In this era of incredible advances in molecular neurobiology, the understanding of the functional circuitry or physiology of the basal ganglia may seem quaint. Advances in the understanding of the molecular pathogenesis of Parkinson's disease (PD) give hope that progressive neurodegeneration may be slowed, stopped, or even prevented. As long as there are patients disabled by symptoms, restoring the physiology is important, especially with the aging of the population and the increasing prevalence of those suffering from the disease. Although the resurgence of functional stereotactic surgery, both ablative and utilizing deep brain stimulaton (DBS), was fueled by improvement in surgical techniques such as image-based and microelec-trode navigation, a justifying rationale based on better understanding of neuronal pathophysiology is important (1). Indeed, current theories of basal ganglia physiology and pathophysiology have been used to rationalize gene therapies in humans that target reversal of the excitatory output of the subthalamic nucleus (STN) (2).

Current theories of basal ganglia function and dysfunction were largely inferred from the anatomical neurochemistry and behavioral/clinical pharmacology. However, such inferences at the least are incomplete and at the worst potentially misleading. There is no one-to-one correspondence between mechanisms of pathophys-iology and pharmacology (3). The distinction is evident in the effectiveness of DBS when pharmacological manipulations (4) and even brain transplantation failed (5,6). The failures of fetal dopamine cell transplantation, particularly the occurrence of "runaway" dyskinesia (6), stress the importance of addressing the physiological controls on neuronal function. The effectiveness of DBS in the face of pharmacological failures, of which fetal cell transplantation is a variant, suggests that DBS addresses physiological mechanisms that are distinct from pharmacological issues.

Theories of the role of the basal ganglia within the functional circuitry of the basal ganglia-thalamic-cortical system are entering a state of flux (3). Current theories, although of heuristic value in explaining many observations, are now inconsistent with an expanding body of knowledge. However, the basic observations upon which the current theories were built essentially are correct. If many of the basic observations underlying current theories are correct, then the failure of the supervening theories must lay elsewhere, perhaps in certain assumptions that link and extend the observations into the current theories. Failure of these assumptions will mean that fundamental conceptual changes will be necessary (3). Most likely, those observations supportive of current theories will be found to be special cases of a larger new theory or epiphenomenal consequences of methodological differences.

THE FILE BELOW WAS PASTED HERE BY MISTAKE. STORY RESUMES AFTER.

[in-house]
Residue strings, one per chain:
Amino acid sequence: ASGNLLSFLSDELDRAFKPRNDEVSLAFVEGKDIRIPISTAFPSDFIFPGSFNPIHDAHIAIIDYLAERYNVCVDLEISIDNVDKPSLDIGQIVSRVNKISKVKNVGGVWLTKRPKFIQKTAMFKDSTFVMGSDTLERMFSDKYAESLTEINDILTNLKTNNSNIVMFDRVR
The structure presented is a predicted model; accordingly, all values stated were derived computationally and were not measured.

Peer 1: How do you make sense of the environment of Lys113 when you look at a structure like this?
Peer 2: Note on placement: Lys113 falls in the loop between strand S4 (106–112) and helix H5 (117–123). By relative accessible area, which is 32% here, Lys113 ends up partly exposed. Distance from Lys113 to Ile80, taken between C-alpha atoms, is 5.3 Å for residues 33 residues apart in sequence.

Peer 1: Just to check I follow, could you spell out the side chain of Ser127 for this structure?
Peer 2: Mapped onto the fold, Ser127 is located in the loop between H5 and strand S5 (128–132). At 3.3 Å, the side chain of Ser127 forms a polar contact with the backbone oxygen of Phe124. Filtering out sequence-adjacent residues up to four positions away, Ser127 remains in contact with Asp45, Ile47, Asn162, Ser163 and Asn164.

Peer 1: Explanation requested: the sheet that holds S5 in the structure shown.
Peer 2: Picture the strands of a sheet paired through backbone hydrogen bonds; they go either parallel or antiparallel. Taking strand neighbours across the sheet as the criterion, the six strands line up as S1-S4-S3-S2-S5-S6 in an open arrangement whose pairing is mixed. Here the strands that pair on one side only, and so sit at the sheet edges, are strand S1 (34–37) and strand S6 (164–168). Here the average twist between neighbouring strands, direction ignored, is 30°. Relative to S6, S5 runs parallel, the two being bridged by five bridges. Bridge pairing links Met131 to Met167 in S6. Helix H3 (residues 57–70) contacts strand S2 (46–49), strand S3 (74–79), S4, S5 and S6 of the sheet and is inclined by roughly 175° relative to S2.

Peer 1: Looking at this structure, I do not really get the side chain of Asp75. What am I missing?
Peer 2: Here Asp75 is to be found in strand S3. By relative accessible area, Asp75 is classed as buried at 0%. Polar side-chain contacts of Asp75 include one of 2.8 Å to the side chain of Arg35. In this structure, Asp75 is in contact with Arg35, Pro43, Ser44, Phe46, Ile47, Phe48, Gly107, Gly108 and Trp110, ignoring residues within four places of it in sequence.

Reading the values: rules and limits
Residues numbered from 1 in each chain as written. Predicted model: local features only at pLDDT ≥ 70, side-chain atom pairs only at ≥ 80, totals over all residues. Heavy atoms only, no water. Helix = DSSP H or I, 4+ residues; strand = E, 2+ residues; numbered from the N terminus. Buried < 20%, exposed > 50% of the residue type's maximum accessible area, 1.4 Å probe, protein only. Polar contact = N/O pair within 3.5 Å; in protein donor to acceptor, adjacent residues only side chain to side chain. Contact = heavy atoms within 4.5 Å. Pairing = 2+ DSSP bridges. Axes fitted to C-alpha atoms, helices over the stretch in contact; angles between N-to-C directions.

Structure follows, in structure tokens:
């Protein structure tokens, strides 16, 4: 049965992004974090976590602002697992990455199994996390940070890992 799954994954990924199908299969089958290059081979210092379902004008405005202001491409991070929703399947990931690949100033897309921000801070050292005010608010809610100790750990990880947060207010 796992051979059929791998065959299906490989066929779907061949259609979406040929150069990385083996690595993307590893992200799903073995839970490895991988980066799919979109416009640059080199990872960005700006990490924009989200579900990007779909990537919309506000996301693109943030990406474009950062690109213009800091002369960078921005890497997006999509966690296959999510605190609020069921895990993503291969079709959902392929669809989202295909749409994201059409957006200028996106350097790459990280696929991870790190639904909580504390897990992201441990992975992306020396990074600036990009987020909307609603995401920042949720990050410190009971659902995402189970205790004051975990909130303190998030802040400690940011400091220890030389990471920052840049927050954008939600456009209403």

This chapter reviews the anatomy of the basal ganglia and its connections with the thalamus and cortex. Then, the current theories of basal ganglia physiology and pathophysiology are reviewed, as well as their limitations. However, even more critical will be the review of why these theories developed as they did, as well as the fact that they do not and cannot address the time scale at which physiological functions occur, because they are extrapolations from anatomy and neurochemistry rather than physiology (3). Finally, the review will present an alternative model for physiological function based on neuronal oscillations.

Examining the time course by which neurons are influenced by and influence other neurons results in a dramatically different conception of basal ganglia physiology (7). In fact, this reconceptualization demonstrates that the basal ganglia are not a sequential chain of nuclei that subserve different roles in processing physiological information, but rather a member of an extended system (e.g., basal ganglia-thalamic-cortical system) where physiological function is represented as the activity of the whole network. Further, the inhibitory versus excitatory influence, for example, the globus pallidus internal segment (GPi) on the ventrolateral (VL) thalamus, should not be discussed without considering the time course and synchronization of activities on a scale where anatomy and pharmacology cannot provide insights.

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